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Wearable Ultrasound Sticker Helps Identify Early Signs of Acute Liver Failure

By MedImaging International staff writers
Posted on 12 Feb 2024
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Image: The sticky, wearable sensor senses changing stiffness of deep internal organs (Photo courtesy of MIT)
Image: The sticky, wearable sensor senses changing stiffness of deep internal organs (Photo courtesy of MIT)

Human body tissues and organs naturally stiffen with age, and this process can be more pronounced in certain diseases, indicating a potential decline in health. Clinicians currently use ultrasound elastography to measure organ stiffness. This technique, akin to ultrasound imaging, involves a technician using a handheld probe over the skin to send sound waves into the body. These waves cause slight vibrations in internal organs, generating returning waves. The probe detects these vibrations, and their pattern is translated into a measure of the organ's stiffness. Ultrasound elastography is mainly utilized in intensive care units to monitor post-transplant patients, allowing technicians to check the new organ for signs of stiffening, acute failure, or rejection. However, continuous long-term monitoring isn’t feasible with this method, creating a risk of missing critical changes. Now, an ultrasound sticker previously developed to image deep tissues and organs could offer a more continuous, wearable alternative.

Engineers at MIT (Cambridge, MA, USA) have developed a small ultrasound sticker, roughly the size of a postage stamp, capable of monitoring deep internal organ stiffness. When worn on the skin, this sticker can detect signs of diseases like liver and kidney failure or the progression of solid tumors. The sticker emits sound waves that penetrate the skin and reflect off internal organs, with the returning wave patterns indicating organ rigidity. The team has successfully demonstrated that the sticker can continuously monitor organ stiffness for up to 48 hours, detecting subtle changes indicative of disease progression. In early experiments, the sensor identified signs of acute liver failure in rats.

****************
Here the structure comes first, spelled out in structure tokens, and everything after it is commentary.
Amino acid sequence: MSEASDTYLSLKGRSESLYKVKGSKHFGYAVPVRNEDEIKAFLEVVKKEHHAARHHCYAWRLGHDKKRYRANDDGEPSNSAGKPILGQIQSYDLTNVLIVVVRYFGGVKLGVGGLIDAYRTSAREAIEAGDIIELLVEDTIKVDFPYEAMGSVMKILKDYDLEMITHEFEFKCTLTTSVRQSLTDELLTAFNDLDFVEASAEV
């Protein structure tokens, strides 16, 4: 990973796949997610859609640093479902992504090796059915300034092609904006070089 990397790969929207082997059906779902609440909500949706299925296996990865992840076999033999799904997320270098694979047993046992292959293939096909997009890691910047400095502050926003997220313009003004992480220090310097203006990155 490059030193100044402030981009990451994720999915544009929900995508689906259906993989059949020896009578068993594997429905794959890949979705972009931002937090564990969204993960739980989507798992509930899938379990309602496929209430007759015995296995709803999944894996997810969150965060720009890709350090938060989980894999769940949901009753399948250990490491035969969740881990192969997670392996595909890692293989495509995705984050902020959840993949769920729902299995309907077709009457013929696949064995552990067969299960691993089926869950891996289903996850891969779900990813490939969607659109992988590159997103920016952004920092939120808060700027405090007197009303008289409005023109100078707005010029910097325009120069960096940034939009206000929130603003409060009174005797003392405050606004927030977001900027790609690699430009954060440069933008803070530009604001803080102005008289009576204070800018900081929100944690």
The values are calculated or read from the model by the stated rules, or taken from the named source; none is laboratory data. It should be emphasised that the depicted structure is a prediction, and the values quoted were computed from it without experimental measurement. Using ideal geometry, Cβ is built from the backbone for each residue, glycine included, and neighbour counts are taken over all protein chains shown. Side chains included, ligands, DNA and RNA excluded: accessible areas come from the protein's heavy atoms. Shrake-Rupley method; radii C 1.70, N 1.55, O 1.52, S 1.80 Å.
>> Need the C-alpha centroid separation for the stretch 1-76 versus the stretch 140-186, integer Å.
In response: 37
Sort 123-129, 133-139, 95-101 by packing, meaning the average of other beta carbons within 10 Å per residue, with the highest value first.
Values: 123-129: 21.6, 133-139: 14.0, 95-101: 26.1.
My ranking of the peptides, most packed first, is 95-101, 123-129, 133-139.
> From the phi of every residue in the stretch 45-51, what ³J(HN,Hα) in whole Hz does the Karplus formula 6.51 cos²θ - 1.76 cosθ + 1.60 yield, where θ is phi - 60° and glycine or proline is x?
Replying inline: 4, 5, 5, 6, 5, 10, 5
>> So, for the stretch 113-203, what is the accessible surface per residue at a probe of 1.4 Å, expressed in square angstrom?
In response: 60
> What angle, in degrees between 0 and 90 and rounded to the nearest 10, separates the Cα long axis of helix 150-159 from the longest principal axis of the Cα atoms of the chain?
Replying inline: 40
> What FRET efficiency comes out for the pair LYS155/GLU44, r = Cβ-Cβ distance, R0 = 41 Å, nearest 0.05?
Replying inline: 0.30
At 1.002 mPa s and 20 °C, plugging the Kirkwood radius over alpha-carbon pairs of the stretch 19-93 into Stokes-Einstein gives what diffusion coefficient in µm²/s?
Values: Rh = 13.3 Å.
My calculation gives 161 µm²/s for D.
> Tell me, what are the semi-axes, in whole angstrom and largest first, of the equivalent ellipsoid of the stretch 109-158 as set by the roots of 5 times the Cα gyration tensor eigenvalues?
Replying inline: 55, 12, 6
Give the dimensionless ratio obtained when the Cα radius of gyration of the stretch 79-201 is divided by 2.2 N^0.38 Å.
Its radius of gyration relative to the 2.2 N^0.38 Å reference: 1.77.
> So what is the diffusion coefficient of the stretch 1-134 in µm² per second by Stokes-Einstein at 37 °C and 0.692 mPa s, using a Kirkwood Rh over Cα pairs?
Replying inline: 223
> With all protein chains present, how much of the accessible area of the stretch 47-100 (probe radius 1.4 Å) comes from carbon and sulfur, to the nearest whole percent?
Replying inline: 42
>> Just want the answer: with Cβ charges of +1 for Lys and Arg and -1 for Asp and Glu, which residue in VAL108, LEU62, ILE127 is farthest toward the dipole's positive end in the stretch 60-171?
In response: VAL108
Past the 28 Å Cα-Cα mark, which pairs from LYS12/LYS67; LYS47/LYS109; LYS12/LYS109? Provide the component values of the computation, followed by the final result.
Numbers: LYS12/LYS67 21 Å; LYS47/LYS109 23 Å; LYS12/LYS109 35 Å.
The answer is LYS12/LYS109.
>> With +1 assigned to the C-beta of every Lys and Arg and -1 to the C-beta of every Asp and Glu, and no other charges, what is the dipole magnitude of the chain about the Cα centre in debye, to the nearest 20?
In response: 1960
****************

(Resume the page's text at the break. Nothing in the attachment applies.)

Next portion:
Currently, the engineers are modifying the sticker’s design for human application. They are collaborating with clinicians to adapt the sticker for use in ICU patients recovering from organ transplants. The design is expected to remain largely unchanged for this application, with the sticker attaching to a patient's skin. Sound waves sent and received by the sticker can be processed by connected electronics, similar to EKG machines. The team also aims to develop a more portable, self-contained version of the sticker, incorporating all necessary electronics and processing into a larger patch. This advancement could enable patients to wear the sticker at home for extended periods, continuously monitoring conditions like the progression of solid tumors, which tend to harden as they worsen.

“When some organs undergo disease, they can stiffen over time,” said Xuanhe Zhao, professor of mechanical engineering at MIT. “With this wearable sticker, we can continuously monitor changes in rigidity over long periods of time, which is crucially important for early diagnosis of internal organ failure.”

“We believe this is a life-saving technology platform,” Zhao added. “In the future, we think that people can adhere a few stickers to their body to measure many vital signals, and image and track the health of major organs in the body.”

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